Solzhenitsyn also states:

Macbeth’s self-justifications were feeble – and his conscience devoured him. Yes, even Iago was a little lamb, too. The imagination and spiritual strength of Shakespeare’s evildoers stopped short at a dozen corpses. Because they had no ideology. Ideology – that is what gives evildoing its long-sought justification and gives the evildoer the necessary steadfastness and determination. That is the social theory which helps to make his acts seem good instead of bad in his own and others’ eyes…. That was how the agents of the Inquisition fortified their wills: by invoking Christianity; the conquerors of foreign lands, by extolling the grandeur of their Motherland; the colonizers, by civilization; the Nazis, by race; and the Jacobins (early and late), by equality, brotherhood, and the happiness of future generations… Without evildoers there would have been no Archipelago.

— The Gulag Archipelago, Chapter 4, p. 173

There had been works about the Soviet prison/camp system before, and its existence had been known to the Western public since the 1930s. However, never before had the general reading public been brought face to face with the horrors of the Gulag in this way. The controversy surrounding this text, in particular, was largely due to the way Solzhenitsyn definitively and painstakingly laid the theoretical, legal, and practical origins of the Gulag system at Lenin’s feet, not Stalin’s. According to Solzhenitsyn’s testimony, Stalin merely amplified a concentration camp system that was already in place. This is significant, as many Western intellectuals viewed the Soviet concentration camp system as a “Stalinist aberration”

 

My Thoughts:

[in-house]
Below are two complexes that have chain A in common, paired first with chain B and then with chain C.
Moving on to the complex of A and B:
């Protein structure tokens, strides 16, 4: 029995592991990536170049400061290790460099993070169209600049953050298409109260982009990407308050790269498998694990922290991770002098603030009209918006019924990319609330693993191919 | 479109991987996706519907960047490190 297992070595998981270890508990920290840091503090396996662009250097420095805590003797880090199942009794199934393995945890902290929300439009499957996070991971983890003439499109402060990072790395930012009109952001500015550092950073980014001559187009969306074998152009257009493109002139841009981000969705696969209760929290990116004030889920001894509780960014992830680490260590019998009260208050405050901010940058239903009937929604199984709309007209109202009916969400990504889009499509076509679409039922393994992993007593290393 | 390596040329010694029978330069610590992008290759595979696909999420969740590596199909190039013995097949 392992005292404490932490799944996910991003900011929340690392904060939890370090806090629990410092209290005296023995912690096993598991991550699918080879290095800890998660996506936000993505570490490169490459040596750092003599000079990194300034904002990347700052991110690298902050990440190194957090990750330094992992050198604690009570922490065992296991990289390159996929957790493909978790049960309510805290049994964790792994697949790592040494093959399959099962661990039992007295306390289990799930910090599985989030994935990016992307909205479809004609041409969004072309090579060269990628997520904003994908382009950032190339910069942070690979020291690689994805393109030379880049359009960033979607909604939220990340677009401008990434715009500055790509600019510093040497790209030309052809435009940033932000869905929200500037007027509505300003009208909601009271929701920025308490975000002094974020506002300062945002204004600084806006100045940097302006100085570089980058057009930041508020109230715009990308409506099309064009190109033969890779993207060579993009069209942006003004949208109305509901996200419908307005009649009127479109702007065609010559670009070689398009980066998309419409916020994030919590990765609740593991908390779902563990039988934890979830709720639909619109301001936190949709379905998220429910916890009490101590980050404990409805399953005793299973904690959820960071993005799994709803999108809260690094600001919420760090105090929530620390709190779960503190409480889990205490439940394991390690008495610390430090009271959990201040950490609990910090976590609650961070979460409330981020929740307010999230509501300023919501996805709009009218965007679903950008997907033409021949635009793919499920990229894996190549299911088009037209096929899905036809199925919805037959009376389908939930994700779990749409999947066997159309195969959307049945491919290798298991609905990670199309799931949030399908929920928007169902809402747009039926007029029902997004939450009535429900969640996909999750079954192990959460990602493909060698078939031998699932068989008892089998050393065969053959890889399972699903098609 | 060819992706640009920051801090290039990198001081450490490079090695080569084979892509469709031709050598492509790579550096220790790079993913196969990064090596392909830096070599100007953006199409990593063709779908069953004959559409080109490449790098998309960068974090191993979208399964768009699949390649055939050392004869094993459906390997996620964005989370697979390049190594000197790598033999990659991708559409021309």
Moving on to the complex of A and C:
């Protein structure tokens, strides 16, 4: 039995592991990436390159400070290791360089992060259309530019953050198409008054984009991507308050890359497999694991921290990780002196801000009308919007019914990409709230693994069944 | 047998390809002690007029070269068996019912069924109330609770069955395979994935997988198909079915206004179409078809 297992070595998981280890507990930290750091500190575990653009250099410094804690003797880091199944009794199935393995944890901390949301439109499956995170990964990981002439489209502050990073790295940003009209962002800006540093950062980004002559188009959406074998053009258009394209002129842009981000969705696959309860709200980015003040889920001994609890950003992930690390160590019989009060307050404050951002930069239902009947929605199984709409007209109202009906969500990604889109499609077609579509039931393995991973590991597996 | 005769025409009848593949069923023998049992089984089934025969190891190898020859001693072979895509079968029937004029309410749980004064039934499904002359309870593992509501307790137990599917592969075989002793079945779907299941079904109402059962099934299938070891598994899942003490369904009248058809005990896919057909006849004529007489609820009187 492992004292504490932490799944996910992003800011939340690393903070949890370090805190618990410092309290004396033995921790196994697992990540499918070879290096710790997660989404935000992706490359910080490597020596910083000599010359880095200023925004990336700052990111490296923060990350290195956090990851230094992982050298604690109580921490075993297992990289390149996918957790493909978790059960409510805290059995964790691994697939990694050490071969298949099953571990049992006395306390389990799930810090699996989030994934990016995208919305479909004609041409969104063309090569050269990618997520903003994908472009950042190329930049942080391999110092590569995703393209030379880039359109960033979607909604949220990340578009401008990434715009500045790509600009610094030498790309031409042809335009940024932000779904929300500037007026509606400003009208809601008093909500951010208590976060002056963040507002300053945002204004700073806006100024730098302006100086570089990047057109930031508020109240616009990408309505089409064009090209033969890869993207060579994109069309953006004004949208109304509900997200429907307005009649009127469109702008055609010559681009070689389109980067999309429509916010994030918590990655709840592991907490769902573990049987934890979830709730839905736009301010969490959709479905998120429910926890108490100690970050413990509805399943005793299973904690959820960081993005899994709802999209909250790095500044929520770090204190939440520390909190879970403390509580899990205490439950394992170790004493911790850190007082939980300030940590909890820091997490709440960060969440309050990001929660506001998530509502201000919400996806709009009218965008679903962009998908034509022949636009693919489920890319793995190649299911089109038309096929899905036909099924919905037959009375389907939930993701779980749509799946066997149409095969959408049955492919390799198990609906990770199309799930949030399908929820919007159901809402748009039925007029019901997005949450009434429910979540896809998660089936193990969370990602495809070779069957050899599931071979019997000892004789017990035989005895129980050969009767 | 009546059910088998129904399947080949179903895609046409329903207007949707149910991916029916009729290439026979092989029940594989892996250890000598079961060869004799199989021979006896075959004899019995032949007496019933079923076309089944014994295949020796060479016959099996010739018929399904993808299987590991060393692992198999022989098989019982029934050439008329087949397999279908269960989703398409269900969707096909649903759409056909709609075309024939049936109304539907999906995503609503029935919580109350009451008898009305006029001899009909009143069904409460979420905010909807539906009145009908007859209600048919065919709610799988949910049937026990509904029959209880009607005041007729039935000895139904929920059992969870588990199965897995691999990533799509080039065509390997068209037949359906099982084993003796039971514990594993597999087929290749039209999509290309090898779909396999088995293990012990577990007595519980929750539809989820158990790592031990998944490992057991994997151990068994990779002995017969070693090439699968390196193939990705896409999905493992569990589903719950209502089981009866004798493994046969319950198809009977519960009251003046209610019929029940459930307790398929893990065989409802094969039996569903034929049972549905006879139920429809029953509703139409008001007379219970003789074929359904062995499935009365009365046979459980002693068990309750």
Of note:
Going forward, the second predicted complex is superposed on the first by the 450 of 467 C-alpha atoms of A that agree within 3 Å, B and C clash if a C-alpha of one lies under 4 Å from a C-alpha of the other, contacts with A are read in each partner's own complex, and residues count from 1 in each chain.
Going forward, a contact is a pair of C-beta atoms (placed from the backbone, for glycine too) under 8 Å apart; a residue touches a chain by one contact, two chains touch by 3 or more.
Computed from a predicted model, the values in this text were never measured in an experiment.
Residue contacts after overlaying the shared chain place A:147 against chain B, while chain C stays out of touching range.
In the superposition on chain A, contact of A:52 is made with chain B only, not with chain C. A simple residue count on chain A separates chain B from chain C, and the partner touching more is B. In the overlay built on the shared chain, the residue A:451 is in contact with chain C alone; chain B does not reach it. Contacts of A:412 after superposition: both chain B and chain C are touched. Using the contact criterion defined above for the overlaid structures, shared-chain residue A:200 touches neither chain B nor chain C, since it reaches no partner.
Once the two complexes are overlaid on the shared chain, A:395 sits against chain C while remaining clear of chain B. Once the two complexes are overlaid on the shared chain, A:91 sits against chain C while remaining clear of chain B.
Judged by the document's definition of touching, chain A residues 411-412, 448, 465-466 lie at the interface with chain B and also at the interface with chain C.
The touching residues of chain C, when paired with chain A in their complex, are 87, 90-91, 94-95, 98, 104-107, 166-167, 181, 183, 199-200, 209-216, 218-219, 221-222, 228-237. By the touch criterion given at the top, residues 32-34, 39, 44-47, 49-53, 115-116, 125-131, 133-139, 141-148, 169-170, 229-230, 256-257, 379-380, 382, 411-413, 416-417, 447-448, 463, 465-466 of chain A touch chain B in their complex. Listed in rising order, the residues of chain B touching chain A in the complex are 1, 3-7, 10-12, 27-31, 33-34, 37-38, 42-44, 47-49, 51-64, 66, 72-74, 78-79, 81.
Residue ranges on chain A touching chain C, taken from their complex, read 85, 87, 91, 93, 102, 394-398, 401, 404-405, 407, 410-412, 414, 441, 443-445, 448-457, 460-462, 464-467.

I started reading this book on March 13th. It took me until June 5th to finish. At under 700 pages I figured I could easily knock this out in a month, even if I only read it on the weekends. “Ha” and agains I say “ha!”

This was a dense book and mind you, it is the first of three. It is also dealing with very heavy material (not literally, it’s paper after all) but my spirit was weighed down after reading it, every single time. By the time I got to the end I could only read 5 or 6 percent each weekend. While nothing is graphic, if you’ve been reading any of my Quote posts from the last couple of months, you’ll know just how horrifying some of the stuff discussed in this book is.

Solzhenitsyn, thankfully, writes in a very dry, sardonic and sarcastic manner, which allowed me to distance myself from the words I was reading. That being said, he also writes in the most rambling form I have ever run across. I eventually just stopped trying to connect the dots and let him tell the tale in his own way.

He tells of his own arrest, his time in the sorting prisons and the time getting to the official Gulag camps. He also tells a lot of other peoples’ stories as well. It is horrible, sad and disheartening that people today want a form of government that leads to Communism that inevitably leads to places like the Gulag.

I am going to take a break of 2 months and read some other non-fiction, preferably of the theological bent, before I dive back into Vol. 2.

★★★★☆

 

bookstooge (Custom)

 

26 thoughts on “Gulag Archipelago, Vol. 1 ★★★★☆

  1. piotrek says: